Abuja — Minister of Aviation, Mrs. Fidelia Njeze, has said that the Federal Government would require an estimated N11 billion to tackle desert encroachment in the northern part of the country.
She said the country’s arable land mass and water resources are seriously being threatened by the twin hazards of drought and desertification especially with the increasing scourge of climate change.
She stated that desert now covers over 35 percent of the country’s total landmass as it has moved from Kebbi and Kano areas to New Bussa and Jos regions.
The minister, who was represented by the Acting Permanent Secretary in the ministry, Mr. Abubakar Jimoh, made the disclosure on the occasion of the Workshop on Promoting Climate Information Services for Sustainable Socio Economic Development in Nigeria organized by the Nigerian Metrological Agency (NIMET) in collaboration with the Embassy of Israel.
Acknowledging the grim picture of the encroachment, she said Lake Chad which was once the largest fresh water lakes in the world has now shriveled by 95 per cent over the last 40 years.
She added that the notable impacts of the twin hazards include food shortages, malnutrition and diseases, water scarcity, massive migrations which often result in conflicts.
She said, “These have continued to pose major obstacles to achieving sustainable socio-economic development including efforts to protect past developmental gains.”
Njeze added that the problem is further compounded by inadequate human and infrastructural capacities to cope with the hazards as well as reduce the country’s vulnerability to the hazards, which she says, is a necessary element of poverty reduction strategies that would in turn facilitate the actualisation of the first MDG as well as the Vision 2020.
She said the government was desirous of mitigating the negative impact and achieving high economic growth. She said agricultural productivity depends to a large extent on weather and climate information.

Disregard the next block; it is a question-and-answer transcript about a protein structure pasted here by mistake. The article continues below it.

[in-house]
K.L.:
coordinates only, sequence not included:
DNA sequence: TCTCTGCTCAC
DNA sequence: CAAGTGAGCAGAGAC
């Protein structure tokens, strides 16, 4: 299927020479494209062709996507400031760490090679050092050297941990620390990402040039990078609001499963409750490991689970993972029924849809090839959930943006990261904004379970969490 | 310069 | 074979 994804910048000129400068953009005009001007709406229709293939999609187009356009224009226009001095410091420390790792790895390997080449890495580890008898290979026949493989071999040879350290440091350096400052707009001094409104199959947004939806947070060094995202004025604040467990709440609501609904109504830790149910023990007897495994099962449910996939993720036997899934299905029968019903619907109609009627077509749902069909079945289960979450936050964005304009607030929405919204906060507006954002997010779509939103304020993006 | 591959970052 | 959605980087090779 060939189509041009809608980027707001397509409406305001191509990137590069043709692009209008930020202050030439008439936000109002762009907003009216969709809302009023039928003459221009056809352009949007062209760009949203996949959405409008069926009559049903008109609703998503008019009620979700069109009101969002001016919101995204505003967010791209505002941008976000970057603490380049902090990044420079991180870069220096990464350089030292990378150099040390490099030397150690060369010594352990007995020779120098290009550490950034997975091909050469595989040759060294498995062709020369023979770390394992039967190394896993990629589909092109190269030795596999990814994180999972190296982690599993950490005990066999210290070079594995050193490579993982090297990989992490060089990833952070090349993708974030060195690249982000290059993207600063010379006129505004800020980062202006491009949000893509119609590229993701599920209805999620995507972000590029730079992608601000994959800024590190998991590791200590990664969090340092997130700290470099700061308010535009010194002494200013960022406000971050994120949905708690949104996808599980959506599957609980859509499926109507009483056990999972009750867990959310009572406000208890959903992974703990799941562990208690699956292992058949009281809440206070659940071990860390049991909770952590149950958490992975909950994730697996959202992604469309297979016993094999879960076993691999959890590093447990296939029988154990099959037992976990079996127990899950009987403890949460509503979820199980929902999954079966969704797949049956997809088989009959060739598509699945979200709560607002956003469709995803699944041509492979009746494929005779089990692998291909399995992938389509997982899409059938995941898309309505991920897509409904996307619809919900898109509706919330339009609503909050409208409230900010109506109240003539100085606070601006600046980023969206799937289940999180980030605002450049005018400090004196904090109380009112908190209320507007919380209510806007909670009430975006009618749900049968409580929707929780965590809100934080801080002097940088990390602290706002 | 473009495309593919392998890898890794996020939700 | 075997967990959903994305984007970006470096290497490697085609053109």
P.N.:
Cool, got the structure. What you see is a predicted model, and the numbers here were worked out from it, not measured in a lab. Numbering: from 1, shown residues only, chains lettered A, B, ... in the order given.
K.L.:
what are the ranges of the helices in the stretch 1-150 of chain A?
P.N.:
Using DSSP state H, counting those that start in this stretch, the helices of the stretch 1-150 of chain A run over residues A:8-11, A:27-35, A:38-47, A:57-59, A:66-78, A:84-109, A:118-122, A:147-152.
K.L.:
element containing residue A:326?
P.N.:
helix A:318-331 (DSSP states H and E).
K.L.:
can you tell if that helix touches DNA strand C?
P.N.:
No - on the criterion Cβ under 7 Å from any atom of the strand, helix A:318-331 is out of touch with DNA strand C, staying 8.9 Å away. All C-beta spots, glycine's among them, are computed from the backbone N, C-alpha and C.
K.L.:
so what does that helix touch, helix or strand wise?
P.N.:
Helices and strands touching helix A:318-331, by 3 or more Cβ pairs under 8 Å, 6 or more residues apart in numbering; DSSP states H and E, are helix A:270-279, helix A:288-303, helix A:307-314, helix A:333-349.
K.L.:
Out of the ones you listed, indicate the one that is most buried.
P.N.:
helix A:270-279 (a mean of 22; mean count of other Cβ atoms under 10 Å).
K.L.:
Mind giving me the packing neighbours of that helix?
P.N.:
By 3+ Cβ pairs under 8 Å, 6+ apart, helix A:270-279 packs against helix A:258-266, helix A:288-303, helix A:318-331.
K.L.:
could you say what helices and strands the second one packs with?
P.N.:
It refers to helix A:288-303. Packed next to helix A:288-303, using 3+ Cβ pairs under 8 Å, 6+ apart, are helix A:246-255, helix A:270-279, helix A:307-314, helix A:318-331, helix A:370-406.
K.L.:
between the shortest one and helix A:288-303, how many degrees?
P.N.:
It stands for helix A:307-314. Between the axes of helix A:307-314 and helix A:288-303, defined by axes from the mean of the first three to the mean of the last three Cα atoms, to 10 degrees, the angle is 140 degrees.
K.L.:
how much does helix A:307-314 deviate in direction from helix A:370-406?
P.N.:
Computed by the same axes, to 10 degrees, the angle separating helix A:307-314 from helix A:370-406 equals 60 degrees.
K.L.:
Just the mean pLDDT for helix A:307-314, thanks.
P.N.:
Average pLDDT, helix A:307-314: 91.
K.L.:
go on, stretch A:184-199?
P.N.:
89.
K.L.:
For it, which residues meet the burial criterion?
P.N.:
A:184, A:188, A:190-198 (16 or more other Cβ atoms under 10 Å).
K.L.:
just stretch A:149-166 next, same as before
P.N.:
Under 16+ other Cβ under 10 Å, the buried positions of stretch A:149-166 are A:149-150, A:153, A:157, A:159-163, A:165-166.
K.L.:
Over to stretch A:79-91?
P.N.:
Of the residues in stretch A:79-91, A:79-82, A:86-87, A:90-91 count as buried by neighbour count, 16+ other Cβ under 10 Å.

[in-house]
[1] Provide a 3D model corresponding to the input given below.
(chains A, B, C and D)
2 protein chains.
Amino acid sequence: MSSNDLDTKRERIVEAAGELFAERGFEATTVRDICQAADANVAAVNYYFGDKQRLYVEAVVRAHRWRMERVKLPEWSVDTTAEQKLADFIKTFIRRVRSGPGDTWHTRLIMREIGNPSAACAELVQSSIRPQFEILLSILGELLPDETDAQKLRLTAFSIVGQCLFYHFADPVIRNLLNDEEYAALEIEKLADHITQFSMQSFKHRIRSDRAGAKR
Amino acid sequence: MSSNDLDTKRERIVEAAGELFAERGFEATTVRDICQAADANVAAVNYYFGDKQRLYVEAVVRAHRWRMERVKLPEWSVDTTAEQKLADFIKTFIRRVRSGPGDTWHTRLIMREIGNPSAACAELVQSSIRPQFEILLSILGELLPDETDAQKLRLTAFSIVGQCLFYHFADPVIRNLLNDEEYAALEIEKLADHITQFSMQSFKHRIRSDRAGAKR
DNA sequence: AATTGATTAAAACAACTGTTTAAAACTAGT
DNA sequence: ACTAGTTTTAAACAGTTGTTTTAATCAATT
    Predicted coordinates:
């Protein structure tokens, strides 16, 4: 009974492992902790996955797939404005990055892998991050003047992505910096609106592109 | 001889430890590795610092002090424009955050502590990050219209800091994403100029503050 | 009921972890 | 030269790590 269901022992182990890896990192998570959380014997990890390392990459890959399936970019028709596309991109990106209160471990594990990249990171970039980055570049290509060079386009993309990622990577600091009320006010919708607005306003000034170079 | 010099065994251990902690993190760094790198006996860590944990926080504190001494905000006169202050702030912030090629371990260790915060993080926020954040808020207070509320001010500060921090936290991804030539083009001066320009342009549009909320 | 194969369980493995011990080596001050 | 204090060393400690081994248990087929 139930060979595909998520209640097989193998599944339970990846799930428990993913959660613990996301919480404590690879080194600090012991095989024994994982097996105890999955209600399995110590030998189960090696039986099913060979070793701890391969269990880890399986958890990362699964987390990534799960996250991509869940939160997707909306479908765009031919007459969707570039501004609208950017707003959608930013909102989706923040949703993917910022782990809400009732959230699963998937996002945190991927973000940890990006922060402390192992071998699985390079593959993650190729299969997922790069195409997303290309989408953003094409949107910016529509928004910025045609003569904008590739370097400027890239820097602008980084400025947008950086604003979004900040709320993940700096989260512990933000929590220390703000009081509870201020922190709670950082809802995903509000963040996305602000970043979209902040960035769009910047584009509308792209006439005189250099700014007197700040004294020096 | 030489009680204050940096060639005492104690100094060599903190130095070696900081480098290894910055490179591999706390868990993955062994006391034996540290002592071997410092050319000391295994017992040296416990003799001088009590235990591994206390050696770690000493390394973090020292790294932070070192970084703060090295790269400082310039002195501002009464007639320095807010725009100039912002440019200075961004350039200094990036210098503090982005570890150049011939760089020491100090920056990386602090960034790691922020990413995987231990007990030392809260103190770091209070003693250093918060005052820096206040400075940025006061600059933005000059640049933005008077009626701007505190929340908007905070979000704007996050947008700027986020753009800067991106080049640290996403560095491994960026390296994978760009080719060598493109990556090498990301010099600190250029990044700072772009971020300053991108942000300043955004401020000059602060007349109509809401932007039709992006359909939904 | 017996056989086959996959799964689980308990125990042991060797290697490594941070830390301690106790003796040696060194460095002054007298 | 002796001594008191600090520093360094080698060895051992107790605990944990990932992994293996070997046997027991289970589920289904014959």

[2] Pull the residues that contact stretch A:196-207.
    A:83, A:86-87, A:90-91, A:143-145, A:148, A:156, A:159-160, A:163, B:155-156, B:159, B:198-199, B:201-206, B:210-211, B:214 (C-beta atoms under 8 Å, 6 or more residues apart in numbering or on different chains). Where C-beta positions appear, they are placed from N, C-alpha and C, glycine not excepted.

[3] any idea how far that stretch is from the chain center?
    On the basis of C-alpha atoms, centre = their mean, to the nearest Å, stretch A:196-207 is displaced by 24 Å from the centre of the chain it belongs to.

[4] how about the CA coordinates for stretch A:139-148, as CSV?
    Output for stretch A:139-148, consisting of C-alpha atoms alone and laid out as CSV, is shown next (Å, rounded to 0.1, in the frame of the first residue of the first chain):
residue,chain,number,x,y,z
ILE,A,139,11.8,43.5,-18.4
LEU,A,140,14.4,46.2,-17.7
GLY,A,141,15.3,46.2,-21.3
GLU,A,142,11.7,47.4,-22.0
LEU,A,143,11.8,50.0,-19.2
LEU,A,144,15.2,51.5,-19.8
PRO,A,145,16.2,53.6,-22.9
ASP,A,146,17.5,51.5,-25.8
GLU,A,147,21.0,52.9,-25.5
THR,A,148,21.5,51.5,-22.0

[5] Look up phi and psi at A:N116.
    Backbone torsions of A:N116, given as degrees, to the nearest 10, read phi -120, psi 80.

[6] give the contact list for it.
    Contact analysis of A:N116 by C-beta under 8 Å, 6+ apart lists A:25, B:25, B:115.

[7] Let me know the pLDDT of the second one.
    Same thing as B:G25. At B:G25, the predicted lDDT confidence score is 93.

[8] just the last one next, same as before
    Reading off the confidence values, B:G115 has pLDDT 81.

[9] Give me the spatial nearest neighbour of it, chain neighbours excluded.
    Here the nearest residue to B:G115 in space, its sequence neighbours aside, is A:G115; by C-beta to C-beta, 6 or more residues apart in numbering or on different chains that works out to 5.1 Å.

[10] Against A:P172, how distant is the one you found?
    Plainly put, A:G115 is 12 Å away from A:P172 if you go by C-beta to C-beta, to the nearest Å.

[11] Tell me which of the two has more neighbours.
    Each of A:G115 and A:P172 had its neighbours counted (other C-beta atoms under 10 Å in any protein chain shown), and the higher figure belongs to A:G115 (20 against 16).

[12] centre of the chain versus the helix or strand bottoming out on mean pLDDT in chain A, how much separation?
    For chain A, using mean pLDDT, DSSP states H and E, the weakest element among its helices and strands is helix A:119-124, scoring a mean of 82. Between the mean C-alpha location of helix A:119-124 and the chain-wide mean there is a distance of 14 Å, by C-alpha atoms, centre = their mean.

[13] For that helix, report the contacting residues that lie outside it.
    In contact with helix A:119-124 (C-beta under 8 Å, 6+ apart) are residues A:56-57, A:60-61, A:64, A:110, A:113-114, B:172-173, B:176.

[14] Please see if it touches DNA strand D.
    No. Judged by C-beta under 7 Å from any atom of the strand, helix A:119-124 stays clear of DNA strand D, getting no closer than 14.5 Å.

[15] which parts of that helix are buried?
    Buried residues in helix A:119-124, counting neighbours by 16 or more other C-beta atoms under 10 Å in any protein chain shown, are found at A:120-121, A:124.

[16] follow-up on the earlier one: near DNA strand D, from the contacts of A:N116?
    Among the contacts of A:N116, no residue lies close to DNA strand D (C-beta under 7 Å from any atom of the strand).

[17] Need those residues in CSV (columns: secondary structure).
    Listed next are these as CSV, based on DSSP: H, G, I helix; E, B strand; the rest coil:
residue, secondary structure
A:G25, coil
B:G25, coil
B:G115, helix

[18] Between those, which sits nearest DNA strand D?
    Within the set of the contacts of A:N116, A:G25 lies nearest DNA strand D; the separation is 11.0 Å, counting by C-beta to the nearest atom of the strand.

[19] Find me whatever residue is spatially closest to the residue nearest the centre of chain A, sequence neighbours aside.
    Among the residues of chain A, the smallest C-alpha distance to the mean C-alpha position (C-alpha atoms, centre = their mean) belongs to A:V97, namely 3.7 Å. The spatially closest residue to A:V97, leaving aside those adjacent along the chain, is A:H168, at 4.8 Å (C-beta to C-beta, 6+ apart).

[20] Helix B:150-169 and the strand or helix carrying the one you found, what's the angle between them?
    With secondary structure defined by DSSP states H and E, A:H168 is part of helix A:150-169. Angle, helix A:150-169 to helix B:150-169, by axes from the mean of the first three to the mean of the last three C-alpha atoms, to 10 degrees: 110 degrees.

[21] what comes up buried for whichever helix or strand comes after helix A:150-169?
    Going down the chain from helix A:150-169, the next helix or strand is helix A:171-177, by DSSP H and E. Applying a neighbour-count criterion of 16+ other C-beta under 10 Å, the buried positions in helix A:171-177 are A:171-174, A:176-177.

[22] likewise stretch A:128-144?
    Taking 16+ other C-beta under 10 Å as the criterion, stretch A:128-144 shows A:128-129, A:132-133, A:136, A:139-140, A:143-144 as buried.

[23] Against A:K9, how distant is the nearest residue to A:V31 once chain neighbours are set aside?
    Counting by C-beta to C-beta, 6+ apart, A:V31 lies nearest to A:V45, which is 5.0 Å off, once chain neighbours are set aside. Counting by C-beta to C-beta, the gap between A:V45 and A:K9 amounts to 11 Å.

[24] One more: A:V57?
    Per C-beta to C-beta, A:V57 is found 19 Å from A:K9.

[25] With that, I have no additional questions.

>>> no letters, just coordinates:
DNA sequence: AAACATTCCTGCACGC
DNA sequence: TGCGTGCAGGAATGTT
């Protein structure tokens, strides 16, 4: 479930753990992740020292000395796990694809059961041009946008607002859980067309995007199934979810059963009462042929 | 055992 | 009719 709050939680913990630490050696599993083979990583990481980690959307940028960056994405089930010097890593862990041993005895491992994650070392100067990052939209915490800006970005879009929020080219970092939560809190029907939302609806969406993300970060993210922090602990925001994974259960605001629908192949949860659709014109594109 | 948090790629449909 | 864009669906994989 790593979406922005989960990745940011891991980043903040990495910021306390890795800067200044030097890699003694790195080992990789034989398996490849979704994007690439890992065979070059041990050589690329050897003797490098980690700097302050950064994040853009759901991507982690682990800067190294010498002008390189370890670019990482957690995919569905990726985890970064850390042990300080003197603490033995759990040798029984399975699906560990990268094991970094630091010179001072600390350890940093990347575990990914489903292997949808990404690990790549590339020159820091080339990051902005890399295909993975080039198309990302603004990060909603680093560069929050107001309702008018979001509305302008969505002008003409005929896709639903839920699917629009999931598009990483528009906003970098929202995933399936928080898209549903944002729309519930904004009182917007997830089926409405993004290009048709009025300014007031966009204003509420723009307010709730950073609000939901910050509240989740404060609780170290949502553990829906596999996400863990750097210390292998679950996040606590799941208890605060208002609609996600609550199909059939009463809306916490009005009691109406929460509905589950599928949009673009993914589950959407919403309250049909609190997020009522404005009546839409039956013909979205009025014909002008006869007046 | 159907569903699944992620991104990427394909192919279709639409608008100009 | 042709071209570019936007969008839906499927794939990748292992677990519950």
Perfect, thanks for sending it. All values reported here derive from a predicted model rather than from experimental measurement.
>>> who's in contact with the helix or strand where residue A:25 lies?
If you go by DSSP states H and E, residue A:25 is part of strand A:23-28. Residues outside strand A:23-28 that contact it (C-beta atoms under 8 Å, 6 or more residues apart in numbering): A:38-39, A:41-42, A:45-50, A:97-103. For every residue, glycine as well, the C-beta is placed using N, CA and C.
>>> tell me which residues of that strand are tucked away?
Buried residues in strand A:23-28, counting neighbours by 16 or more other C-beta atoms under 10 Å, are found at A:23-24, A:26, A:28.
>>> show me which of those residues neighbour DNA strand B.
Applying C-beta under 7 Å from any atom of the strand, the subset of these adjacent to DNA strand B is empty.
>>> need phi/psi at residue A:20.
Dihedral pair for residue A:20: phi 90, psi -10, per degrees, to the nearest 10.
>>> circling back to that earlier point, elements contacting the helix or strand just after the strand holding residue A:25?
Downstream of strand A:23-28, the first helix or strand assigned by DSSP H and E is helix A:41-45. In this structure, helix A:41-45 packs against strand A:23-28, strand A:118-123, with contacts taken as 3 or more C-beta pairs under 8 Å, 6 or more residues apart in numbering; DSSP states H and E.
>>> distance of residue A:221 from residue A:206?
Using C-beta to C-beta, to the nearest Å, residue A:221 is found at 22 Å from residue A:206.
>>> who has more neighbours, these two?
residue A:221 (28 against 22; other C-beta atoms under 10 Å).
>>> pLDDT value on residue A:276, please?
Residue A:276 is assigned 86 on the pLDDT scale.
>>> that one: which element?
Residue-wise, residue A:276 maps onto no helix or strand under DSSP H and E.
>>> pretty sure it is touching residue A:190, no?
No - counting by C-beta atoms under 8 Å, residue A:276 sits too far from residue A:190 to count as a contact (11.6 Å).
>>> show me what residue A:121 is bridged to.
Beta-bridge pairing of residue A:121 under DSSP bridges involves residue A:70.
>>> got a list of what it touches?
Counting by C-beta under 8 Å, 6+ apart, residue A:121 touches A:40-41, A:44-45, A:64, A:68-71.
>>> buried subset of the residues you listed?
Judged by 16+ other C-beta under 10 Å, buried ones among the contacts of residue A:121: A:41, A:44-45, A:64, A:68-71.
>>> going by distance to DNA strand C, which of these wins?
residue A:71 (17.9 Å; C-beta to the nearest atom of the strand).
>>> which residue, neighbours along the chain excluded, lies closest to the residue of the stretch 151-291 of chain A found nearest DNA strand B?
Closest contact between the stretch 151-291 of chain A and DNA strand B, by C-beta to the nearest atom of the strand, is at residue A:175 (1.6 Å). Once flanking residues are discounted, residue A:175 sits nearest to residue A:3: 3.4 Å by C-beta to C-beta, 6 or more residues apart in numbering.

The minister stated that the timely and accurate provision of the necessary agro climatic information and advisories such as the seasonal rainfall prediction provided by NIMET has been identified as a major intervention in addressing these problems.
She said weather and climate forecasts, particularly the information on onset and cessation dates and length of the rainy season are useful for decision makings regarding choice of crop variety, planting dates, and investments in infrastructure. She added that NIMET’s activities transcends beyond its services in the aviation industry in ensuring safety of lives and property. She said the urgent need for acquisition of updates on agro metrological data analyses techniques in the development of agro climatic information products and services for sustainable development in Nigeria.
In his remark, the Director General of NIMET, Mr. Anthony Anuforo said the Agency in line with its mandate is highly committed to providing very valuable, timely and accurate weather and climate information for all application areas of meteorology particularly in priority areas like food production and food security, water resource management and air, land and maritime safety.
He said the increasing variability and fluctuations in the global weather pattern in recent decades have however constituted great challenges in the provision of information services.
The Intergovernmental Panel on Climate IPCC projection shows that for about 2.5 degree Celsius rise in average temperature, a decrease in net return to cropland by USD16 billion. He said the impact of the drought episodes of 1968 and 1973, which reduced agricultural yields to between 12 per cent and 14 percent of the annual average which led to the death of over 300,000 animals and livestock is still being felt.
He said it is in this regard that the Agency is organising the workshop to strengthen its human capacity and improve service delivery in the provision of climate information to guide operators of the key socio economic sectors and thus ensure sustainable developments in the various sectors.